Raspberry Pis

Categories:  James Davis

As part of our work disseminating technology, we purchased 20 Raspberry Pis for delivery to Ghana. They were intialized and setup with a standalone version of the community site. There were a few things to learn:

  • The Application contexts as there were, were downloaded using HTTrack
  • Then, because of problems doing automated loading of file content, the pages were linked to an intermediate page containing instructions.
  • You need HDMI to connect to RPis the first time (although after the OS is installed you can switch to VGA)
  • HDMI screens are very uncommon in the US, but we found that about a quarter of all projectors take HDMI and we could start the Pis with those.
  • One pi was shipped with a damaged SD card latch, but that was easily fixed with some tape.
  • We hadn’t realized that Raspian had grown to a whopping 3.7gbs, and so barely fit on our mircoSD cards.
    • To fix this we uninstalled scratch and sonic-pi freeing enough space to make the cards feasible.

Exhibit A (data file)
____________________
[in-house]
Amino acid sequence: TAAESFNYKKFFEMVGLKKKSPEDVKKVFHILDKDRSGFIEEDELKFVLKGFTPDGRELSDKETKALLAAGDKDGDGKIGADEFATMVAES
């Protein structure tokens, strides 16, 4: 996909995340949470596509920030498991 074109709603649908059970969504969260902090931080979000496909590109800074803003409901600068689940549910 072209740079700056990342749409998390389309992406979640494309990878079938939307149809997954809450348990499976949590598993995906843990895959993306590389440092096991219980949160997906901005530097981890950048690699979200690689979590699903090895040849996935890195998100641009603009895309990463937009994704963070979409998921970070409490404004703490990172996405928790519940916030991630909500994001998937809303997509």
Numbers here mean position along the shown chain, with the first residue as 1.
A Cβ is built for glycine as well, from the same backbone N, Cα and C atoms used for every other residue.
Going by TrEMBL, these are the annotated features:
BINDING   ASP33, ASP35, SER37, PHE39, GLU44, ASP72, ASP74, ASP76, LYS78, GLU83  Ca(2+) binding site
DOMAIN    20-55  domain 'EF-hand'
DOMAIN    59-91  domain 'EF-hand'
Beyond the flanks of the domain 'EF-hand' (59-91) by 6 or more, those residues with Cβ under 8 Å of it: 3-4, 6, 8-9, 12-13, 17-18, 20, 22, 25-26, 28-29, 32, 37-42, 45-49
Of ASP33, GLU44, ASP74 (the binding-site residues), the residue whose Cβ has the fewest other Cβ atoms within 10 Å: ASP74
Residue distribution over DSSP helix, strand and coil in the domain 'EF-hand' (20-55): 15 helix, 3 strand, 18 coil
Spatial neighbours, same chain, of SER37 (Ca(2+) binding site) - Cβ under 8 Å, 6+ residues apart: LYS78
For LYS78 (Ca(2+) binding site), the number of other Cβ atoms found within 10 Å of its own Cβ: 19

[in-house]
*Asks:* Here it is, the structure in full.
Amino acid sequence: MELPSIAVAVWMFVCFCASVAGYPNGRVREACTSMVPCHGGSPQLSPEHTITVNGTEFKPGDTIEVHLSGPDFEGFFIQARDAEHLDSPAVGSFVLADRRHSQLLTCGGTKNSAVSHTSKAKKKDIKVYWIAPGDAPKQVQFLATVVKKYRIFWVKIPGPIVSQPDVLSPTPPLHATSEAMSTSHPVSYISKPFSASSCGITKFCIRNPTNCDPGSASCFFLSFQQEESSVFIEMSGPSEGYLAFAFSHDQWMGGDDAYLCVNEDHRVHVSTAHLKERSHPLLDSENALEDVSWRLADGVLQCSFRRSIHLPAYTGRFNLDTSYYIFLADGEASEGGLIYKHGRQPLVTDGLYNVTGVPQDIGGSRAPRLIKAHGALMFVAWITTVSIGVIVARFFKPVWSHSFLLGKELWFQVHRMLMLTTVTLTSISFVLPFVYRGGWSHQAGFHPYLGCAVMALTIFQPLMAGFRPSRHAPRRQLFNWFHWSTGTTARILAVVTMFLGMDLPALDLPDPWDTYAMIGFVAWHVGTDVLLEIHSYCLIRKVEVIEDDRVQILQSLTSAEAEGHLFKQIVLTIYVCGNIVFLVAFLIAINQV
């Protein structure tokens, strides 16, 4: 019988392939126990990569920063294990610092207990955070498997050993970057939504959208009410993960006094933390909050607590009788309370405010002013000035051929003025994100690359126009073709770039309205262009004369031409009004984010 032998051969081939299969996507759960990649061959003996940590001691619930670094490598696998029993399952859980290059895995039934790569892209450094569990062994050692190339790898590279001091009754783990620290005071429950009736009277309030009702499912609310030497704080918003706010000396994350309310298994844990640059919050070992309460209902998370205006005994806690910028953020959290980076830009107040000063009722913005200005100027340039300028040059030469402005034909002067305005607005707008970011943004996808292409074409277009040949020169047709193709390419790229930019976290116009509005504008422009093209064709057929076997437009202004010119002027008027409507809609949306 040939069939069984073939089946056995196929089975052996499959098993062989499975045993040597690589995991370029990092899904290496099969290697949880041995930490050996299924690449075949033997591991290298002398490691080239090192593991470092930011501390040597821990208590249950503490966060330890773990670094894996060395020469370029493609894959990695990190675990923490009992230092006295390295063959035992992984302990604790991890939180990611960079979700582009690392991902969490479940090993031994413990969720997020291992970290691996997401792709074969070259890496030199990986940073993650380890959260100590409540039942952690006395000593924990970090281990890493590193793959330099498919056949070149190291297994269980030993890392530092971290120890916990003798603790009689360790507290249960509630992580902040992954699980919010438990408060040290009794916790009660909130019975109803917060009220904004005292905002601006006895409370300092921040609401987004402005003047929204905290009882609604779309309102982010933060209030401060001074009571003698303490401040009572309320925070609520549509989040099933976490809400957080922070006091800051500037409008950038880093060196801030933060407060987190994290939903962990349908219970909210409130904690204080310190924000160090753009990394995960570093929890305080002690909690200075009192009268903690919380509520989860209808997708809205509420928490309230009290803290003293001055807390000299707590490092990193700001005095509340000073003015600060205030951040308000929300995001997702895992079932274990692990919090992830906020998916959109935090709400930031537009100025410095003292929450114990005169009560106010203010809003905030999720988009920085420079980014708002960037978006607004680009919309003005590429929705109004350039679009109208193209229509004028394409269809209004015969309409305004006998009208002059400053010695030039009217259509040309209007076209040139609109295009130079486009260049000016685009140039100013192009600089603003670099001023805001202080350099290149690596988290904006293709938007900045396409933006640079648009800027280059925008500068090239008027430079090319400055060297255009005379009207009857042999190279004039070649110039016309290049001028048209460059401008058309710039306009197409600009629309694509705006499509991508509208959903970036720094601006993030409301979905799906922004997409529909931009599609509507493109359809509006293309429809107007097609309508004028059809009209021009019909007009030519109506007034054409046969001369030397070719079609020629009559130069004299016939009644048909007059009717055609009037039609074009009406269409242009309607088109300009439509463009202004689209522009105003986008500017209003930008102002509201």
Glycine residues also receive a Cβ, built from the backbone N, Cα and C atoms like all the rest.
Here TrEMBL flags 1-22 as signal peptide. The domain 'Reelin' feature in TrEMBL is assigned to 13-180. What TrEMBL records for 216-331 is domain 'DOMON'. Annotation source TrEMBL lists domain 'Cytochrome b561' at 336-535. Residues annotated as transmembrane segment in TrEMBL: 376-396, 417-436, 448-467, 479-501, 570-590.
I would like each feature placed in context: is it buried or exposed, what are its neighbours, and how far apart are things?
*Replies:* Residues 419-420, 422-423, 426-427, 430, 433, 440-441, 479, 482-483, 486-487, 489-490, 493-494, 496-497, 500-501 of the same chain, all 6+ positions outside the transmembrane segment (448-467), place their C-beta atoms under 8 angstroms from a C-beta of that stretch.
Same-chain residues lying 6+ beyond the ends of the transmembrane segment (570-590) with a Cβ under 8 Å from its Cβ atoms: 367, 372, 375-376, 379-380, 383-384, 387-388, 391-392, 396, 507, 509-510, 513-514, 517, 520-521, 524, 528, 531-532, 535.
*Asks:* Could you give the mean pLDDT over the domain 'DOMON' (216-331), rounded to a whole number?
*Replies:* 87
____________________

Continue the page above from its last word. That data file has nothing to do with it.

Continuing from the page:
• We were able to hook up to the internet to install our material by bridging the ports on our computer.
  • After some testing we found that epiphany worked about as well as chromium and decided to use that.
  • Finally we were able to improve the overall speed of C-Snap on the Pis, which was originally abysmal, by changing the refresh interval to 1/10ms, and not taking up the complete screen.

3Helix – Translational Humanities

Categories:  News and Events
Wisdom Matters The Translational Humanities at Rensselaer

Wisdom Matters
The Translational Humanities at Rensselaer

Rensselaer has developed an umbrella initiative called the Translational Humanities that ties together major disciplinary, interdisciplinary, and community-based research initiatives that are currently underway as well as new initiatives. 3Helix is included as one of these initiatives and the program is featured in an expository promotional piece entitled “Wisdom Matters” developed by Humanities, Arts and Social Sciences faculty.



SGIS is Live!

Categories:  Fellow Alumni: Kathleen Tully, Social GIS Mapping

We are excited to announce that SGIS is live on our community site! Anyone is welcome to play around with the loaded data sets including hazardous was sites for the entire US, Census tracts from 2000 and 2010, and food availability data from across New York State! You can tag locations with categories or other information (new tags need approval) and filter on these tags. You can also draw circles around a user-defined location for your reference using the pencil icon in the top right.sgis-final-screenshot